Year 2004

The first quarter 2004, second quarter 2004, third quarter 2004, and fourth quarter 2004 can be connected.

  • First quarter 2004
  • Second quarter 2004
  • Third quarter 2004
  • Fourth quarter 2004

First Quarter 2004

January[edit] January 3 – Flash Airlines Flight 604 crashes into the Red Sea off the coast of Egypt, killing all 148 aboard. February[edit] February 1 – A hajj stampede in Mina, Saudi Arabia, kills 251 pilgrims. February 4 – Facebook launches. February 7 – Several leaders of Abnaa el-Balad are arrested in Israel. February 24 – The 6.3 Mw Al Hoceima earthquake strikes northern Morocco with a maximum Mercalli intensity of IX (Violent). At least 628 people are killed. February 26 The United States lifts a 1981 travel ban upon Libya. Macedonian President Boris Trajkovski is killed in a plane crash near Mostar, Bosnia and Herzegovina. February 27 2004 SuperFerry 14 bombing: The Abu Sayyaf guerrilla group is blamed for the deadliest terrorist attack at sea in world history, which kills 116 in the Philippines. The John Jay Report into Catholic sex abuse cases in the United States has its initial release. February 28 – Over 1 million Taiwanese participating in the 228 Hand-in-Hand Rally form a 500-kilometre (310 mi) long human chain to commemorate the February 28 Incident in 1947. February 29 – 2004 Haitian coup d'état: Jean-Bertrand Aristide resigns as president of Haiti. The chief justice of the Haitian Supreme Court, Boniface Alexandre, is sworn in as interim president. March[edit] Cyclone GafiloMarch 2 – NASA announces that the Mars rover MER-B (Opportunity) has confirmed that its landing area was once drenched in water. March 10 – Five British men are released from detention at Camp Delta, Guantanamo Bay. After they land at RAF Brize Norton, 4 of them are immediately arrested for questioning. March 11 – Terrorists execute simultaneous attacks, with bombs in 4 rush-hour trains in Madrid, killing 191 people. March 17 – A pogrom-like organized violence breaks out over 2 days in Kosovo; 19 people are killed, 8,000 Serbian homes burned, schools and businesses vandalized, and over 300 Orthodox monasteries and churches burned and destroyed. March 25 – British prime minister Tony Blair visits Libyan leader Colonel Muammar Gaddafi, in return for the dismantling of Libya's weapons of mass destruction programme in December 2003 (the first time a major Western leader had visited the nation in several decades). March 28 – The first ever reported South Atlantic hurricane makes landfall in southern Brazil in the state of Santa Catarina – the hurricane is dubbed Cyclone Catarina. March 29 The Republic of Ireland bans smoking in all enclosed work places, including restaurants, pubs and bars. The largest expansion of NATO to date takes place, allowing Bulgaria, Estonia, Latvia, Lithuania, Romania, Slovakia and Slovenia into the organization.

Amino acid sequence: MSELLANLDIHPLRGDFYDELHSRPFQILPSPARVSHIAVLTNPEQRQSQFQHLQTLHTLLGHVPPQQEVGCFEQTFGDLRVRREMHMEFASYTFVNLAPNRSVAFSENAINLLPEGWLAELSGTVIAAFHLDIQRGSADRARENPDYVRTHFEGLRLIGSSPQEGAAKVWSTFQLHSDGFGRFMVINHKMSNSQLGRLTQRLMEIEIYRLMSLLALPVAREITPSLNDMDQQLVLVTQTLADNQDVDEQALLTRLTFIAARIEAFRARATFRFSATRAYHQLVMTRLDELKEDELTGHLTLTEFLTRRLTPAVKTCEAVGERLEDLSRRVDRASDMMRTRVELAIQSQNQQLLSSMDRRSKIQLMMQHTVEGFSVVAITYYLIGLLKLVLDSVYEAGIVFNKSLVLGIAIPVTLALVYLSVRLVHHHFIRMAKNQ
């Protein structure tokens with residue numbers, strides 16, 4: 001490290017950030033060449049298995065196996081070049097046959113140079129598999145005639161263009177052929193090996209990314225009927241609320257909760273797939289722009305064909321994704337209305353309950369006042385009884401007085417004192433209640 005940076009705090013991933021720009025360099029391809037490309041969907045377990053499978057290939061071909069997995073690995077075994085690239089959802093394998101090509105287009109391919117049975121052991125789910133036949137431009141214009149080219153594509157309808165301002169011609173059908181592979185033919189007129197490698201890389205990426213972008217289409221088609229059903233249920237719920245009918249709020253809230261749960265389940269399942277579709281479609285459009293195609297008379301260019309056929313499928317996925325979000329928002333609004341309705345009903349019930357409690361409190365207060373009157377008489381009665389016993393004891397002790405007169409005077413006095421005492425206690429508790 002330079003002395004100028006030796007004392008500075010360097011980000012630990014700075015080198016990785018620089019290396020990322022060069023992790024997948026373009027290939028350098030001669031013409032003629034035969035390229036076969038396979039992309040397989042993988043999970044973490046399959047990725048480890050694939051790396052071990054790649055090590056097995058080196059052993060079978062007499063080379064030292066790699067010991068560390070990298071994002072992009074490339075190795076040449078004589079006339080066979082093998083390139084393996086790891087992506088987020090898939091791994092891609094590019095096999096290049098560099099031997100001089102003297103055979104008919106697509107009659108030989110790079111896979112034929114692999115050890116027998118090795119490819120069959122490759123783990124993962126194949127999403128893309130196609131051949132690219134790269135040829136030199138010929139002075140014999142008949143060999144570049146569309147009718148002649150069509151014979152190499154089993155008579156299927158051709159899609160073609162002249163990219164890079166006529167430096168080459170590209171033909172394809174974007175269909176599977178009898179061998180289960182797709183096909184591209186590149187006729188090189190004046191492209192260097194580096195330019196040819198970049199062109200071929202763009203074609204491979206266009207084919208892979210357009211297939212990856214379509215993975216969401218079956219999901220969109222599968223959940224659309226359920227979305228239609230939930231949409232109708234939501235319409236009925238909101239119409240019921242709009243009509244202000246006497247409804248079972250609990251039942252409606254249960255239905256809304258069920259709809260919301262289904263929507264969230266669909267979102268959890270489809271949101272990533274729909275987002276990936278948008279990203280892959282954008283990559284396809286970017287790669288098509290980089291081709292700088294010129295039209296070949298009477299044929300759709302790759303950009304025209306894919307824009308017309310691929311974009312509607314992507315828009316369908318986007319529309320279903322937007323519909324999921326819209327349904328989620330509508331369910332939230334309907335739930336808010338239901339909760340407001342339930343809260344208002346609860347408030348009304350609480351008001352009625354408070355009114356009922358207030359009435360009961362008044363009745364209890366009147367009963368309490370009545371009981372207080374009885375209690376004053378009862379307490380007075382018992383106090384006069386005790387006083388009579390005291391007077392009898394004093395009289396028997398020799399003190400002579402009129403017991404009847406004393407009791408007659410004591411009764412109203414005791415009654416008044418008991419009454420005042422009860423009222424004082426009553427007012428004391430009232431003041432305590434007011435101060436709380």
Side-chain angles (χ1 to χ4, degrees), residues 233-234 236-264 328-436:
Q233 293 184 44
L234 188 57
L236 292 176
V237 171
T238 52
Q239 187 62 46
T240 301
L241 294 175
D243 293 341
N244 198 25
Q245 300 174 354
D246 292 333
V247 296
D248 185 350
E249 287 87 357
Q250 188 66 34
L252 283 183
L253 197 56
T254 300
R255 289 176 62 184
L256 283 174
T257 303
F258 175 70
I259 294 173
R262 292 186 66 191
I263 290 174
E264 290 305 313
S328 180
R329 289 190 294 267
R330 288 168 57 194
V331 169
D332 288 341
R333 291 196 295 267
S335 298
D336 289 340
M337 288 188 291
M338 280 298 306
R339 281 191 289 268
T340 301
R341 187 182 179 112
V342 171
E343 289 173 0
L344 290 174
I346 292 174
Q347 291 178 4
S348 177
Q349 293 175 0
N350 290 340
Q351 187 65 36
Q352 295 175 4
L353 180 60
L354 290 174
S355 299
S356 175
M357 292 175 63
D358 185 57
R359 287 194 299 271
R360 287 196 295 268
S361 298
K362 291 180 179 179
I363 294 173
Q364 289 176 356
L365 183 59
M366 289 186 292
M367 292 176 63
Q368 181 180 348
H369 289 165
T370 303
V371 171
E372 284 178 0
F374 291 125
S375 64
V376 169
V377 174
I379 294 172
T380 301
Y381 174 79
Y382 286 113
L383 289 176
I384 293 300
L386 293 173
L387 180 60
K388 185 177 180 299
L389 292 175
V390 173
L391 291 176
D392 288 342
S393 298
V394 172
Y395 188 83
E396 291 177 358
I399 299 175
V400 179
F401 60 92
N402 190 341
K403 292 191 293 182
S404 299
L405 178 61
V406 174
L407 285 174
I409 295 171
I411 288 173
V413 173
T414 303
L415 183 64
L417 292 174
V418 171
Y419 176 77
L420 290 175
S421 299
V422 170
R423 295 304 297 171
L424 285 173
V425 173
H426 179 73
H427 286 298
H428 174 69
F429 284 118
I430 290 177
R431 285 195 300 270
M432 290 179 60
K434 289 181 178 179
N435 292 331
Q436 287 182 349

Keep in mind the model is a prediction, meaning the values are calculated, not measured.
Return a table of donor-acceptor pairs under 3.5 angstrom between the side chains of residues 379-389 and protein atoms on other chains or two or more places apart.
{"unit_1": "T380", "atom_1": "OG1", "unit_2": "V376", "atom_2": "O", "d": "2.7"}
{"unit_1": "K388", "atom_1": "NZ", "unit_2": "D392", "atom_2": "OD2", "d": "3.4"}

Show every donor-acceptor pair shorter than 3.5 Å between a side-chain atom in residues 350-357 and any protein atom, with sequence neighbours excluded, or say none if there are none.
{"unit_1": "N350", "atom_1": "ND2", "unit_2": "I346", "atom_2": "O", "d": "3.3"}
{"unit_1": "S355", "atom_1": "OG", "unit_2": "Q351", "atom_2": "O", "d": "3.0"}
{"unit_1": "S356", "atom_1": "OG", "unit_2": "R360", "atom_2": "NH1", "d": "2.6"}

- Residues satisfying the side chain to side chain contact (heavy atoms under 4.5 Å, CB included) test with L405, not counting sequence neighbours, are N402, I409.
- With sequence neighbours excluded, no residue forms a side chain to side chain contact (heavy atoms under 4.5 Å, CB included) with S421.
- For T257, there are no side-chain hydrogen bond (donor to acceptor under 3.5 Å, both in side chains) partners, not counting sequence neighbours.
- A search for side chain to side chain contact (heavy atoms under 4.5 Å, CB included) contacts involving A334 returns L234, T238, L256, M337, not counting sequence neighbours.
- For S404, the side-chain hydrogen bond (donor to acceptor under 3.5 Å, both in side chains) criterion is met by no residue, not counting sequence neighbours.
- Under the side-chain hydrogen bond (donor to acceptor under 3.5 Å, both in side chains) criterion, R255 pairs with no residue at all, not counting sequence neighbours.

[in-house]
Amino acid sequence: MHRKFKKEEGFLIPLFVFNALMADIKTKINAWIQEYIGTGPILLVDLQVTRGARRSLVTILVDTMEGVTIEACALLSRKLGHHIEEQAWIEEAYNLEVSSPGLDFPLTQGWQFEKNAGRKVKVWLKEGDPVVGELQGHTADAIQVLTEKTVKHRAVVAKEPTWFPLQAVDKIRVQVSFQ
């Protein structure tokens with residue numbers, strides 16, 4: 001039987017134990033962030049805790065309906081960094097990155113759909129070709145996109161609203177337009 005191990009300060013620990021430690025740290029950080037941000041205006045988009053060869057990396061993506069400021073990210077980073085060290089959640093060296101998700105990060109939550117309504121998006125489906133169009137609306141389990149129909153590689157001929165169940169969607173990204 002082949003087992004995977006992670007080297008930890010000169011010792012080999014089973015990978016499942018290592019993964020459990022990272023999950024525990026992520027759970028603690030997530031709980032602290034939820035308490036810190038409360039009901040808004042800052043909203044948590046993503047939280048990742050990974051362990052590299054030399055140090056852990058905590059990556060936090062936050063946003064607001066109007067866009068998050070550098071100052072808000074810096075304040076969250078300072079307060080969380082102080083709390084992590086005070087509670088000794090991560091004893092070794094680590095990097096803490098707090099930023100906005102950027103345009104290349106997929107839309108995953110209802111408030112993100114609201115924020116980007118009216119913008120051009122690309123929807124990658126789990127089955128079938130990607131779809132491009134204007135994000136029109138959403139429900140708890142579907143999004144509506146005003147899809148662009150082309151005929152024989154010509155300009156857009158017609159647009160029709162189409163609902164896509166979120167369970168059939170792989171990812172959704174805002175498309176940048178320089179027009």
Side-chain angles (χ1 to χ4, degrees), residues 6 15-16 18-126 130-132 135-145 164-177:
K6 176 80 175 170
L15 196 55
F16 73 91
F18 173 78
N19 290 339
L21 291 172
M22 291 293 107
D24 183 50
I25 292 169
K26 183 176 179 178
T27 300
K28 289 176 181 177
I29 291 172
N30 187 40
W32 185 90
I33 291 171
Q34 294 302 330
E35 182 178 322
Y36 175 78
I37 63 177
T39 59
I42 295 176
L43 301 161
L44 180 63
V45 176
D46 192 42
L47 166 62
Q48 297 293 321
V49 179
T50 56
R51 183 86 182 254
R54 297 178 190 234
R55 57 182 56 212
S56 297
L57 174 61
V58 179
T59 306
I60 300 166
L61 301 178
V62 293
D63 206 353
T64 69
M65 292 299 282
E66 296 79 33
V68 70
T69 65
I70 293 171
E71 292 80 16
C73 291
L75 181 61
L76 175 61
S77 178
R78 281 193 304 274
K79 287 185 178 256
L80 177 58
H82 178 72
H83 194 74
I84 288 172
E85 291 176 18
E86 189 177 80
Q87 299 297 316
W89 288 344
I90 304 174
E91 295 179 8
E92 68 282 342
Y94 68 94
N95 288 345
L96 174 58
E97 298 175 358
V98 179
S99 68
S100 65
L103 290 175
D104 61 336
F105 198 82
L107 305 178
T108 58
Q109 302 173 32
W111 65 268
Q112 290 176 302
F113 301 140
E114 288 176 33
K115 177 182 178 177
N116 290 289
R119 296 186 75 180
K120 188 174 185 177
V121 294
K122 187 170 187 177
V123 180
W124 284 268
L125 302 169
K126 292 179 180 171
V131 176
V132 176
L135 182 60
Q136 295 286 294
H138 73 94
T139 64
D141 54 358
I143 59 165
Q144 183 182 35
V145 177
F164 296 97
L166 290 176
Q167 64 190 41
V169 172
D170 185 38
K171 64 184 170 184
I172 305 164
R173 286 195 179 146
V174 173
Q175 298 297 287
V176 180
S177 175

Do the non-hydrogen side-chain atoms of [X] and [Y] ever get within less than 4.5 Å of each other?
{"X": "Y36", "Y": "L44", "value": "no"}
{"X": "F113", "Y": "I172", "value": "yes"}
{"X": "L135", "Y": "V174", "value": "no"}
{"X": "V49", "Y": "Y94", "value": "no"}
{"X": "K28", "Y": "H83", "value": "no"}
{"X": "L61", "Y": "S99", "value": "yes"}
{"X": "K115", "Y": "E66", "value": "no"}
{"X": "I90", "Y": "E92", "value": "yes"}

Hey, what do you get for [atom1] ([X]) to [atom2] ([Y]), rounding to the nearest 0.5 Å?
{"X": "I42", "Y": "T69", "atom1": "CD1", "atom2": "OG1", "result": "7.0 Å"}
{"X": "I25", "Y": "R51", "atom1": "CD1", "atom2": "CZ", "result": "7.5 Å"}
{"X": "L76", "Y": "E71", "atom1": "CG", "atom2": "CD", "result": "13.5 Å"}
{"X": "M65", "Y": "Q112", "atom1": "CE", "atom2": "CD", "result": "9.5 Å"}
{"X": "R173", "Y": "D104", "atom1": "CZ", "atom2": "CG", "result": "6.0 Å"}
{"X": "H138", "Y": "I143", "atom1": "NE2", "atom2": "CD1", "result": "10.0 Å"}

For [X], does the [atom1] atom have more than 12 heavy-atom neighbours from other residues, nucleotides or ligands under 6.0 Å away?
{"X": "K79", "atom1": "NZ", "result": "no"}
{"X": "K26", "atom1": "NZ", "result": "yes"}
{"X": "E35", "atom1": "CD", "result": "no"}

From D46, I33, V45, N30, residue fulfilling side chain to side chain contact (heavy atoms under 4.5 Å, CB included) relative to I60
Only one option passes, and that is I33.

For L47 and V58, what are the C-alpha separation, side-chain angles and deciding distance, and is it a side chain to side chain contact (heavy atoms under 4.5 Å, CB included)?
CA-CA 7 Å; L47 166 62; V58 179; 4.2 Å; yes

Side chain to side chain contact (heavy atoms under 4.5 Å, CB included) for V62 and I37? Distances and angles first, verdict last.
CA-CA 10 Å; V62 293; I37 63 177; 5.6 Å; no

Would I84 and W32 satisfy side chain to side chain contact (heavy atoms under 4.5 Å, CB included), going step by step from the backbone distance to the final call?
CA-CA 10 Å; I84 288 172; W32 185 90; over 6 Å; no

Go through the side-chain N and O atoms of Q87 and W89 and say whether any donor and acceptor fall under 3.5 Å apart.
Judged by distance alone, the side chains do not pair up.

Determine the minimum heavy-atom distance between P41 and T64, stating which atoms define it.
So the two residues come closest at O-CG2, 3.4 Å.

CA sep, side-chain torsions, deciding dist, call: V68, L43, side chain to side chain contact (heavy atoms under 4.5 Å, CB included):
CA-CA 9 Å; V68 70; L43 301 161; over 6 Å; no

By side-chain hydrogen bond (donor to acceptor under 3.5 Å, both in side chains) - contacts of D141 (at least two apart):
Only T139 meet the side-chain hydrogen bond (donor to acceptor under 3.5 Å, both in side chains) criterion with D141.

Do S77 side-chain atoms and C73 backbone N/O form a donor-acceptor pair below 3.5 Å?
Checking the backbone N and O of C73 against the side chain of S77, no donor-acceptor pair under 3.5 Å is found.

Second Quarter 2004